The Daily Grind Video

You learn so much from the people who you are drawn towards and how you draw towards you self through your attitudes and actions in life. I try to stay conscious of what I put out there, especially emotionally, because it comes right back to you.  I see it most immediately through my kids who repeat my words and actions in ways that either give me a sense of joy and accomplishment and sometimes, disappointingly, a sense of failure.

This week my goal with my kids is not to yell. I don’t hit my kids unless they do something dangerous that would be life threatening like walk into a busy street. I was spanked often, as a child, and yelled at regularly by both teachers and parents as a means of control. I was a sassy kid, but not  a troublemaker. Now that my kids are five and half and seven years old, the chickens have come home to roost, as it were, they are quick to scold and yell at each other as well as their peers. Their words come quick and they’re clever and cutting. It hurts to hear it because I know where it comes from – me.  Momma teaches this every time I get frustrated and criticize them for being a little late getting ready for school. When they’re fussy at the end of a long school day and want to do something other than getting straight home to do homework and do their chores. I don’t want to build or enforce discipline in their character by “bullying” my kids with a seriously mean tone of voice while I bark out doomsday scenarios like “ What’s wrong with you guys? Who do you think you are? You never listen? Do you even care what I say to you? You’re not helping. You’re going to repeat kinder garden etc…” If you’re a mom you know what this escalates into… You download your frustration, anger and bad mood into the little hearts and minds you’re in charge of, which might quiet the down one of many the mini rebellions moms deal with moment to moment, but does yelling teach them how to deal with their relationships and their lives in a positive, peaceful and productive manner?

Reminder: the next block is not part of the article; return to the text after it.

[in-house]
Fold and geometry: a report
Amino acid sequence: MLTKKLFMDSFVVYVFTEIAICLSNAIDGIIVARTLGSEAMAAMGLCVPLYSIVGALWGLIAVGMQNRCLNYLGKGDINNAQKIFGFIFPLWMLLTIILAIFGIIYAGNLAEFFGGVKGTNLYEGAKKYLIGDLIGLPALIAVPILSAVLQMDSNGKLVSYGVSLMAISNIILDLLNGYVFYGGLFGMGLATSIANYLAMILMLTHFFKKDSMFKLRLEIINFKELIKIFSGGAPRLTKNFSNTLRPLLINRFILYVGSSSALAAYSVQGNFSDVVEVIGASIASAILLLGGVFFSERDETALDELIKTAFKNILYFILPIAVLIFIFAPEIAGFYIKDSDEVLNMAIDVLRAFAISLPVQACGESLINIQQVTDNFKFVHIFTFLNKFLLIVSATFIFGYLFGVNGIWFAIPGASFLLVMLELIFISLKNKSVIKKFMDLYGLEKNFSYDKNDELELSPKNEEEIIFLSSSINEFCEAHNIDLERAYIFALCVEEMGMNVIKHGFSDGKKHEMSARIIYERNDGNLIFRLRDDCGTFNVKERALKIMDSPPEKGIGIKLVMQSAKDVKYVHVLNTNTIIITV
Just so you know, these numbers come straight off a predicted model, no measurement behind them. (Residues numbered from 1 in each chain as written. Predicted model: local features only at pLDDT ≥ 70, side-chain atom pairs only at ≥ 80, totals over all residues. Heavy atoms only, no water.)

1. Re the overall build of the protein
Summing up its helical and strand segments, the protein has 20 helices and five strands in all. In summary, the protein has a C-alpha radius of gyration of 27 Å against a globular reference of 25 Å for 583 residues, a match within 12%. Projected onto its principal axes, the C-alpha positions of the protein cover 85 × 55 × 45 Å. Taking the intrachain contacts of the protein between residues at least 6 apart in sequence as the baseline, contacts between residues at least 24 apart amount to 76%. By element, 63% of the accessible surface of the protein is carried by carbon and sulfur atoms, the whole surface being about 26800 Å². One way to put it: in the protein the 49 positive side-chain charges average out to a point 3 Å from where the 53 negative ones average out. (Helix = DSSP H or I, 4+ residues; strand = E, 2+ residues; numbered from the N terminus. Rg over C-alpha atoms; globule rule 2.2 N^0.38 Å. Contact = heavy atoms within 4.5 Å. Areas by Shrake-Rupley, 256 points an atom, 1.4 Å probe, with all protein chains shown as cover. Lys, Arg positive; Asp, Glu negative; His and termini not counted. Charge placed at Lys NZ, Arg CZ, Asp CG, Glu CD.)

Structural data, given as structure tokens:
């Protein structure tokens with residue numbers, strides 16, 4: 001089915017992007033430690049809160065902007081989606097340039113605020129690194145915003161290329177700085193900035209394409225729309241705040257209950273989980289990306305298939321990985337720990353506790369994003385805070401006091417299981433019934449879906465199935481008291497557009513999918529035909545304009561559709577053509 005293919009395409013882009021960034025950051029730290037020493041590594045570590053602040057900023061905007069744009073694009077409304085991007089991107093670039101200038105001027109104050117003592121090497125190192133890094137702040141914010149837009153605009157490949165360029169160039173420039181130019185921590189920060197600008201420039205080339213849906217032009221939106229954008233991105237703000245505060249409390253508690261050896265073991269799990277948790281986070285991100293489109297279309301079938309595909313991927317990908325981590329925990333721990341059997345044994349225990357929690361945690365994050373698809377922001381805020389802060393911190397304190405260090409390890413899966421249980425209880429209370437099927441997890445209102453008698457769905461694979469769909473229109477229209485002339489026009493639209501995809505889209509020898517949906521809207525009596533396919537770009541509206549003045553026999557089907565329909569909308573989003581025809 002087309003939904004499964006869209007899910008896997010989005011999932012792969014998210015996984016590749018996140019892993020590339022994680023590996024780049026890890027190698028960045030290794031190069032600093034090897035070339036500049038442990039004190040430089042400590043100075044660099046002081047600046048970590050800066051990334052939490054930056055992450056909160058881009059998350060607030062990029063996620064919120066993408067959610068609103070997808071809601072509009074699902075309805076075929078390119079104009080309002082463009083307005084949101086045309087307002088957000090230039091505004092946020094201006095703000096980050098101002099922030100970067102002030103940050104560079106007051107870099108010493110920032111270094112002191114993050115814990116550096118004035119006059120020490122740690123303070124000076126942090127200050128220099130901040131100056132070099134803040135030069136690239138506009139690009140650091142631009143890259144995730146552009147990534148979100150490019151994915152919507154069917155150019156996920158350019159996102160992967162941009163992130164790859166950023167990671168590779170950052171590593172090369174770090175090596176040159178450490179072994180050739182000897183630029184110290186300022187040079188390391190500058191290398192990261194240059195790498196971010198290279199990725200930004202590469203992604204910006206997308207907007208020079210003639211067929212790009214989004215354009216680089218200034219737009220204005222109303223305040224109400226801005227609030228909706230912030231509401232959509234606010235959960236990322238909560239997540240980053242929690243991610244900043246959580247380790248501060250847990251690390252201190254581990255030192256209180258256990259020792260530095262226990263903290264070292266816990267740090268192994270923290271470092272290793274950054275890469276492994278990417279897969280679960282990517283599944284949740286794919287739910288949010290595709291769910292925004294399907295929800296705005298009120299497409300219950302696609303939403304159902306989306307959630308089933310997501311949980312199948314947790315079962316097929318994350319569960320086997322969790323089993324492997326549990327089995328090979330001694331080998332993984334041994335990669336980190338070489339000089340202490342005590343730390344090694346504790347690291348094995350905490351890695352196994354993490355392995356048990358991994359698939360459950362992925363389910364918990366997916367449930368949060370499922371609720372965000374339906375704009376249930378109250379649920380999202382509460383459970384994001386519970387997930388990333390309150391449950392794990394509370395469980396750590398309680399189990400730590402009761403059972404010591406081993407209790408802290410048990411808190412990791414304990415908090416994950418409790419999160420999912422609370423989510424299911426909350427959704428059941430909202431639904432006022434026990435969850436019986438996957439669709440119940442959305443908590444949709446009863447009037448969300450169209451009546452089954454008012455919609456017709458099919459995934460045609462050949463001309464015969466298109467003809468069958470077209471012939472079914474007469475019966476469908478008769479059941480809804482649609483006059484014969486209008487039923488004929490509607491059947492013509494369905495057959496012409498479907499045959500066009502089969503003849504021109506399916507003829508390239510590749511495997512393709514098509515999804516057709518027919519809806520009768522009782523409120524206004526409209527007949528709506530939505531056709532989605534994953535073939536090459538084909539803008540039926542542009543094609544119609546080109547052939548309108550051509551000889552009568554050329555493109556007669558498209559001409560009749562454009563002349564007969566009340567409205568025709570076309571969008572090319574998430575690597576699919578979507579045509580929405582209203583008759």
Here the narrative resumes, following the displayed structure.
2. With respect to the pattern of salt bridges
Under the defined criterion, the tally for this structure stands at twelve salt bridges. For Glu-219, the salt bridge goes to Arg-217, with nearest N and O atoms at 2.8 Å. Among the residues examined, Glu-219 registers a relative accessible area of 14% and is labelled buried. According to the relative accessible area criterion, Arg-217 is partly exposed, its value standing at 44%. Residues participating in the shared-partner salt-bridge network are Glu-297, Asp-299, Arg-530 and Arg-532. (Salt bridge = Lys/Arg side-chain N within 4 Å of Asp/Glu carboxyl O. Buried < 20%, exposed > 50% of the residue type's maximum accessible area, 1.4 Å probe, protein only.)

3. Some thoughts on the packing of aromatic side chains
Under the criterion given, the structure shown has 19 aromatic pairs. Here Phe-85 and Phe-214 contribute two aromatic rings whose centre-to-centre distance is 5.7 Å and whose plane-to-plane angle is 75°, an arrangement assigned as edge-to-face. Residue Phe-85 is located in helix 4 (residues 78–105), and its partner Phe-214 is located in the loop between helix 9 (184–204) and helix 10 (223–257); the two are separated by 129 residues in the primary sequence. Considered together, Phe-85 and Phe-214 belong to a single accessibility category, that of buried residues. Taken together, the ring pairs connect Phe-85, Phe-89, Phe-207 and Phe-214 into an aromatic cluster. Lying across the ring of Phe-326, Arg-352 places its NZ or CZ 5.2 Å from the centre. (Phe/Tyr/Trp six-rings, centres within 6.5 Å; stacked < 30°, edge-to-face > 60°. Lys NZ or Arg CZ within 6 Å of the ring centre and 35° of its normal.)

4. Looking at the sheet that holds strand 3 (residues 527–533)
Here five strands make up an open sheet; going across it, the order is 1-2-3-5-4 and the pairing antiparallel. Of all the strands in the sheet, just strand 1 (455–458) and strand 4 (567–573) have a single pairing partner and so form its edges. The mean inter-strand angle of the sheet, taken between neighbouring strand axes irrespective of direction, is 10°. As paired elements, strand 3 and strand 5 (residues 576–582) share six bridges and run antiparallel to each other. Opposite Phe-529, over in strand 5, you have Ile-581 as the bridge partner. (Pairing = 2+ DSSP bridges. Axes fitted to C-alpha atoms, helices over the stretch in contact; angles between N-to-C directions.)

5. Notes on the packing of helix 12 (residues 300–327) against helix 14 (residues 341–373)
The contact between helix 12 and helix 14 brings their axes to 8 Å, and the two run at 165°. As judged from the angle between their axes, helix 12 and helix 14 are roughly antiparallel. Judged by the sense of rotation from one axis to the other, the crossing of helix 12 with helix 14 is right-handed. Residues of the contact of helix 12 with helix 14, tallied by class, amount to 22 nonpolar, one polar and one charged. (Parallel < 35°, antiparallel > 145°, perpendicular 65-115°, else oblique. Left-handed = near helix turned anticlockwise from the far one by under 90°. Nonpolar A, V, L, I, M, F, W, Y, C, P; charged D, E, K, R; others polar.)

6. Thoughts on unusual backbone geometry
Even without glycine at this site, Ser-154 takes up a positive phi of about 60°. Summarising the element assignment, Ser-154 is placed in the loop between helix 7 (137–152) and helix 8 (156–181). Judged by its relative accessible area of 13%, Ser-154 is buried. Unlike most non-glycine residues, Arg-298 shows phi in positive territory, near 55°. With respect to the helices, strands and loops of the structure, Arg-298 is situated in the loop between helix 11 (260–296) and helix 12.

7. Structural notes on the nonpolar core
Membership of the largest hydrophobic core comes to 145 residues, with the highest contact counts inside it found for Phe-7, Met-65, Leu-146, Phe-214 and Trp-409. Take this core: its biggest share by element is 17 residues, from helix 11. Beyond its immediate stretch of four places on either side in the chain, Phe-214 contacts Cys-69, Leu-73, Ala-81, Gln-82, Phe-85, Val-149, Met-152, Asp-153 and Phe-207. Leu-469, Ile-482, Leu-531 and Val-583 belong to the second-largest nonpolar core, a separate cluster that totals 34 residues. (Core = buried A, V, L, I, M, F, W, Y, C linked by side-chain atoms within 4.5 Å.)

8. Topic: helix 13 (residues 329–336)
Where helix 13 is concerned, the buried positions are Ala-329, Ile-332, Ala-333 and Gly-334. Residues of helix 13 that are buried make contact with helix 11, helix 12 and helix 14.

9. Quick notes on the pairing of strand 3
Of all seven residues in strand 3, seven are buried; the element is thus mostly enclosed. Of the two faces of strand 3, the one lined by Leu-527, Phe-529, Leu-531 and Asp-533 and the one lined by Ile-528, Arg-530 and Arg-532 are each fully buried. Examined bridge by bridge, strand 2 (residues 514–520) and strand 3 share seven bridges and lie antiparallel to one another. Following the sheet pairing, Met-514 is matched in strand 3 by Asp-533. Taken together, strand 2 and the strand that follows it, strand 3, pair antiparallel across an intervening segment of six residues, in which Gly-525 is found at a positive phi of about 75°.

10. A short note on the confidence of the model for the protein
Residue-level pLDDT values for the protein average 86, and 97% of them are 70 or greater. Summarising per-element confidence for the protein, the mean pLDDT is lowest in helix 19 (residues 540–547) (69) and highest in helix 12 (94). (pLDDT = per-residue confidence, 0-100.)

My concern is that they don’t. My fear is that when I yell, scold and criticize this how they’ll deal with their peers and ultimately with their mate and then their own children. It’s a big picture I know, but every moment with kids adds up to “the big picture”.



I made a resolution this week to not to try to yell at my kids. I told my girls about it during bath time, which is a part of our day in the house I try to hold scared for fun and relaxation.  “Girls. Momma has something to tell you. I don’t like it when I yell at you to get you to do stuff, because I’m teaching you to yell to make yourself understood.” Leila, my oldest looked at me and said “Momma, did your mom yell?” “Never” I answered. That’s true believe it or not, my mother had a quiet power in her words and actions that I try to summon from my memories of her and implement in my daily life.  “Then who taught you to yell Momma?” The girls were both looking at me now, their hair slick with conditioner and their eyes glistening with the desire to hear the story unfold of how our lives take shape. “My dad yelled.” I said.  “Then I shouldn’t marry someone who yells at me. Right Momma?” I didn’t know if I should laugh or cry, when my seven year old cut to the chase in this short lesson on life navigation. “We don’t yell because you can hear me when I talk. Right Momma?” Molly said from her five year old lexicon of logic.

The real challenge is to catch myself as I get t

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